January is National Teen Driving Awareness Month, and with the beginning of a new year, it is good to think about ways to improve and enhance our lives and the world around us. In honor of National Teen Driving Awareness Month, attorney Mike White appeared on WAKA CBS 8 and WBMM CW 22 with host Olivia Deas, to discuss teen driving safety. It is important to discuss with your teenage driver accident stats and tips to keep them safe on the roads.
According to the CDC, car accidents are the #1 cause of death among teenagers. In fact, 6 teenagers lose their lives in car accidents every day. This number is staggering, so if a little extra talk with your teenagers helps reduce this number, that is the goal.
The highest risk is among new teen drivers, who are out on the road by themselves for the first time with relatively little experience driving. The CDC reports that new teen drivers are 3x more likely to be involved in a car accident per mile driven.
One of the leading causes of accidents is distracted driving. Not surprisingly, the number one distraction is cell phones. And this is an easy fix. Don’t use your mobile device while driving. Maybe a rule that you discuss with your teenagers is that when they are driving, the cell phone must be turned off. This eliminates the chance for distracted driving.
While checking texts or your Instagram feed may seem like a simple task, doing so while driving is incredibly dangerous, and not worth losing your life or causing harm to others.
- The main reason for teenage car accidents is inexperience behind the wheel
- 66% of teen passengers who die in a crash are not wearing a seat belt
- 58% of teens involved in crashes are distracted
- 25% of car crashes involved an underage alcohol impaired driver
- 5% of teen deaths in crashes are pedestrians and 10% are bicyclists
As attorney Mike White mentioned, teen drivers of today are a unique group of people who have always known a world with cell phones, and typically don’t go a day, let alone an hour, without using one.
This is highly problematic, as Mike handles many cases of teen driving accidents that were caused by cell phone distractions.
Mike’s advice for parents is to tell teen drivers to put their cell phones in their trunks or turn them off to avoid the temptation to use them while driving.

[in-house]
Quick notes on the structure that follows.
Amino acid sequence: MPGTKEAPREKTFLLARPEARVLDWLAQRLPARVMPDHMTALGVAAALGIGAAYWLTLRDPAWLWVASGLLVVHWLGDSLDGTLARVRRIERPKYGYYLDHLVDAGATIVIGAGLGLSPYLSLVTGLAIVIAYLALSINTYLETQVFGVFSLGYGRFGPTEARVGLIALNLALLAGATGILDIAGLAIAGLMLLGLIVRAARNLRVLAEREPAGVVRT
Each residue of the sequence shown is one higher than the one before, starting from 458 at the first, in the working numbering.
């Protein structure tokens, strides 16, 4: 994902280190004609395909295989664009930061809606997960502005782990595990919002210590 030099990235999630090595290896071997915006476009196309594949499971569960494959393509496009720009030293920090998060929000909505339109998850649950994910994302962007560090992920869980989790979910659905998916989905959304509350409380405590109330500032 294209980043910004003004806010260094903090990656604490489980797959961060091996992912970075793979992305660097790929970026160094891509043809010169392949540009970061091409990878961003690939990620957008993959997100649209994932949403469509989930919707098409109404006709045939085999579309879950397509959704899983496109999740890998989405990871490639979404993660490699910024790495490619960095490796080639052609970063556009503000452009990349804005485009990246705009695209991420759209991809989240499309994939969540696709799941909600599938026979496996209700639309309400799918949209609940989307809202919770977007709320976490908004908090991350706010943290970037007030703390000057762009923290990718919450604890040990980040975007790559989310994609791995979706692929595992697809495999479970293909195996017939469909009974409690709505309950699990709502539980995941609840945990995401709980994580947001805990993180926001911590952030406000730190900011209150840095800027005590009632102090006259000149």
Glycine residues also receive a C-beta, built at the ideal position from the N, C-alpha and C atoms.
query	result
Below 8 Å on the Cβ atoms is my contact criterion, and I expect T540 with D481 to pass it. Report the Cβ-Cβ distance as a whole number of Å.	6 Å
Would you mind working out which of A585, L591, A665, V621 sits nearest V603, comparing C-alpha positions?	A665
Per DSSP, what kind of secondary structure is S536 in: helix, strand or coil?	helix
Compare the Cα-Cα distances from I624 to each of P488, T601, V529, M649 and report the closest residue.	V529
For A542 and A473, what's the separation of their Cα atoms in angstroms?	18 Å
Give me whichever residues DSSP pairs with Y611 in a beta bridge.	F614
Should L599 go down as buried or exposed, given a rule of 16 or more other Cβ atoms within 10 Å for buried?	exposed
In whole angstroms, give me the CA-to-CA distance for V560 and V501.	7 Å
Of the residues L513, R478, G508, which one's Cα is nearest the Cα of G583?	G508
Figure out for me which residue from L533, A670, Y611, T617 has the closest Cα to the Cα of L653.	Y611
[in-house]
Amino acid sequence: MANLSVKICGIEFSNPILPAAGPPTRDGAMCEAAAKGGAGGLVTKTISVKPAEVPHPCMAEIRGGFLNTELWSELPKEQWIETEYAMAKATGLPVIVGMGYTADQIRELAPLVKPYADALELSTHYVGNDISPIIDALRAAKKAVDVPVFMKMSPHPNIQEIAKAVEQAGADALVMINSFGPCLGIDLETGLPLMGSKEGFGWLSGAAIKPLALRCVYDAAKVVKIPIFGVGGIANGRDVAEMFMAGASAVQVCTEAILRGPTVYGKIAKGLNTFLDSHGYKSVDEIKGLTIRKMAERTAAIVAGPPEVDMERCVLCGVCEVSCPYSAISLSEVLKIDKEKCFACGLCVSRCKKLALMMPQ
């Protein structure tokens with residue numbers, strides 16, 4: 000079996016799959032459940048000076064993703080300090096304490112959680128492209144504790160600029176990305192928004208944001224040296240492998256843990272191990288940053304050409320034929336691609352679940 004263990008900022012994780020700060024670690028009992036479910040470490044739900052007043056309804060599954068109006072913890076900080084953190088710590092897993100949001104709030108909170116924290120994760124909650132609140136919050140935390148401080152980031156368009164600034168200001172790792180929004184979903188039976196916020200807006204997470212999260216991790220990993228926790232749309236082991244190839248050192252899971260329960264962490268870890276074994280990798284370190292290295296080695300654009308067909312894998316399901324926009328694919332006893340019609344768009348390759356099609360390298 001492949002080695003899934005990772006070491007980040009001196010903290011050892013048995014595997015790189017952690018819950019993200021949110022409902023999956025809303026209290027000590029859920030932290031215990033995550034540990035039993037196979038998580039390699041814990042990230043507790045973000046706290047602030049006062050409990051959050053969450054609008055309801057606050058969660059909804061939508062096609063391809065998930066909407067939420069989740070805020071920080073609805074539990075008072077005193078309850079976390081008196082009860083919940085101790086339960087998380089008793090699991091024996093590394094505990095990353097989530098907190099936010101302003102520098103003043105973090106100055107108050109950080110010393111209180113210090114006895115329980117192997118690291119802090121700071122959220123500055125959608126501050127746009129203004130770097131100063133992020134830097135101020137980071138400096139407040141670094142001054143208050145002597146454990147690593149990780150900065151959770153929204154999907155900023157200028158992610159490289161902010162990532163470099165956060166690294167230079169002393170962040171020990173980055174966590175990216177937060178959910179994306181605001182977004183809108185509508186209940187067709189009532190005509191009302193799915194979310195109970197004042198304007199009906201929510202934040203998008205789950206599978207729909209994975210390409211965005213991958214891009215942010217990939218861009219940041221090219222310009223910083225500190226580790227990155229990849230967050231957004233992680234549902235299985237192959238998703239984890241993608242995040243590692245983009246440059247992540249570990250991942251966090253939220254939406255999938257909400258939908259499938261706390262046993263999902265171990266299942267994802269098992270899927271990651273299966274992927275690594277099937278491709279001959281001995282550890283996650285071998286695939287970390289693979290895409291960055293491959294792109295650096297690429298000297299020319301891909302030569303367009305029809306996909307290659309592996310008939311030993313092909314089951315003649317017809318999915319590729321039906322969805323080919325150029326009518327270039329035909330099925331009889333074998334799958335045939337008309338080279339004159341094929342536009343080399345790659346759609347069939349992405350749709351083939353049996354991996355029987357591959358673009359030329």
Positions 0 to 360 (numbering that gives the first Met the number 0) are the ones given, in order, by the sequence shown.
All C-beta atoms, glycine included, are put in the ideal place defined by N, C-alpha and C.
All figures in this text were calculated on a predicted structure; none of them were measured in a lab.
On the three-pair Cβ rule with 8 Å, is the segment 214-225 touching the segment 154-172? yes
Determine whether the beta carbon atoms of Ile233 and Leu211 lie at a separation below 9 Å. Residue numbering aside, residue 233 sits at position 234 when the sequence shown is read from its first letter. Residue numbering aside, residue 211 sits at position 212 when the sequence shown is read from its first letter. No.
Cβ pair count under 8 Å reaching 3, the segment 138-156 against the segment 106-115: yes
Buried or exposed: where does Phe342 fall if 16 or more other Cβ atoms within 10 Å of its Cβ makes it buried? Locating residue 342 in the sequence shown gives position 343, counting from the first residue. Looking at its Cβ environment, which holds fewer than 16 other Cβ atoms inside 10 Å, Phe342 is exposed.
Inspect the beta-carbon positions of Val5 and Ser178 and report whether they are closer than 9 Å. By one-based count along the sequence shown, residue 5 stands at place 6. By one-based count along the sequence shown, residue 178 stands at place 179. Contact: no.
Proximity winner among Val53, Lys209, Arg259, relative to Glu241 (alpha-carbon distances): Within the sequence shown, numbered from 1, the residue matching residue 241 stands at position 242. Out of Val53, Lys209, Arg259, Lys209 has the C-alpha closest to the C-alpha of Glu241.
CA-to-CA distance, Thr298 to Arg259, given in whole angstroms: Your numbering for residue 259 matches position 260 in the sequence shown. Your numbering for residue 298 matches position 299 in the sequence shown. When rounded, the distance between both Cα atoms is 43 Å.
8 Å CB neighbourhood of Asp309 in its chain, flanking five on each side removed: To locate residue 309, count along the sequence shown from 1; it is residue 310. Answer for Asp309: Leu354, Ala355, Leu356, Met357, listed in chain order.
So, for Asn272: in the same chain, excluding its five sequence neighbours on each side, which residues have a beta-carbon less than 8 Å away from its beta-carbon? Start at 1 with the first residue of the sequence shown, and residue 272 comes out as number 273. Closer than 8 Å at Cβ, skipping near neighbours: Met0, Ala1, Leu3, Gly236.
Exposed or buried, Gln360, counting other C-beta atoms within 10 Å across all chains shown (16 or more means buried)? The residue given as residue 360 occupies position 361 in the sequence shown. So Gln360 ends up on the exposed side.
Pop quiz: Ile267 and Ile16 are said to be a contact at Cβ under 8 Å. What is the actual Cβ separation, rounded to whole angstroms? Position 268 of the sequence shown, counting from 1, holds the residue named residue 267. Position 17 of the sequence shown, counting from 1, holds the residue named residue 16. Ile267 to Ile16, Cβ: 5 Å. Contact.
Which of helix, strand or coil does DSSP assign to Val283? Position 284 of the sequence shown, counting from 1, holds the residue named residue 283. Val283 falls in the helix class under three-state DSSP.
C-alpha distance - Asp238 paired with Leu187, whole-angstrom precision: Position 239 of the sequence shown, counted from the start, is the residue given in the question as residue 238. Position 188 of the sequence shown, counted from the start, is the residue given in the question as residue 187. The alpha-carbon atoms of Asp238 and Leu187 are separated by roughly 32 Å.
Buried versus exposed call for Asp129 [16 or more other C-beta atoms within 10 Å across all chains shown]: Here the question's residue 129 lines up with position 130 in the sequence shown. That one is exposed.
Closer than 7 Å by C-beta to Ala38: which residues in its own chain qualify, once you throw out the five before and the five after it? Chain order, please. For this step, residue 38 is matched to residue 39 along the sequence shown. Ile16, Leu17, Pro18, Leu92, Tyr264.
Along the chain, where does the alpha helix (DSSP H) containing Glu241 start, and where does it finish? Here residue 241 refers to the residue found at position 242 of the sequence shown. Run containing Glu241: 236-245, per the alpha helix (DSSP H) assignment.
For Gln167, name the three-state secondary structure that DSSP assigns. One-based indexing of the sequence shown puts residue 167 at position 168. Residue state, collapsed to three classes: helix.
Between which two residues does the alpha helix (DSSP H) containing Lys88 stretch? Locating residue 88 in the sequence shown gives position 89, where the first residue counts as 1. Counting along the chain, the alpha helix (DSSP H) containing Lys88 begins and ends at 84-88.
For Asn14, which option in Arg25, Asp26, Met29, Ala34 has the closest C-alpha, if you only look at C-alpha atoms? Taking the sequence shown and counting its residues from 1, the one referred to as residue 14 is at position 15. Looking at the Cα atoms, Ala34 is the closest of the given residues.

Another helpful tip is to look into a feature that sends a text back to friends and family members who are trying to get in touch with you that you are driving and will get back to them shortly.
Check out these other helpful tips to avoid distracted driving:
- Keep your eyes on the road, keep your hands on the wheel
- Don’t look at passengers when talking to them
- Do not use your cell phone or any type of mobile device when driving
- If you need to, pull over to the side of the road or go to a parking lot to make a call or send a text
- Pull over to enter an address into navigation or Google maps, don’t do it when you are driving
- Don’t check emails when you are driving
- Don’t text when you are driving
- Don’t consume alcohol, then get behind the wheel. Even if you think you are not drunk, your reflex time is greatly diminished after drinking alcohol
- Don’t put on your makeup when driving
- Do not drive with friends in your car right away – wait to become a more experienced driver
By keeping these alarming statistics in mind and following these tips, teens should be able to help avoid distractions and keep themselves, passengers and other drivers on the roads safe.
If you or a loved one are seriously injured in a car accident that was not your fault, call the experienced Alabama Car Accident Attorneys at Floyd Hunter at 334-452-4000.
When you call, you’ll receive a FREE case evaluation. There is never an attorney’s fee due upfront, and we don’t get paid until you do. It’s that simple.
We will fight to protect your rights to the fair insurance settlement that you deserve when injured in a motor vehicle accident. Call Floyd Hunter Injury Law for a Free Legal Consultation at 334-452-4000.
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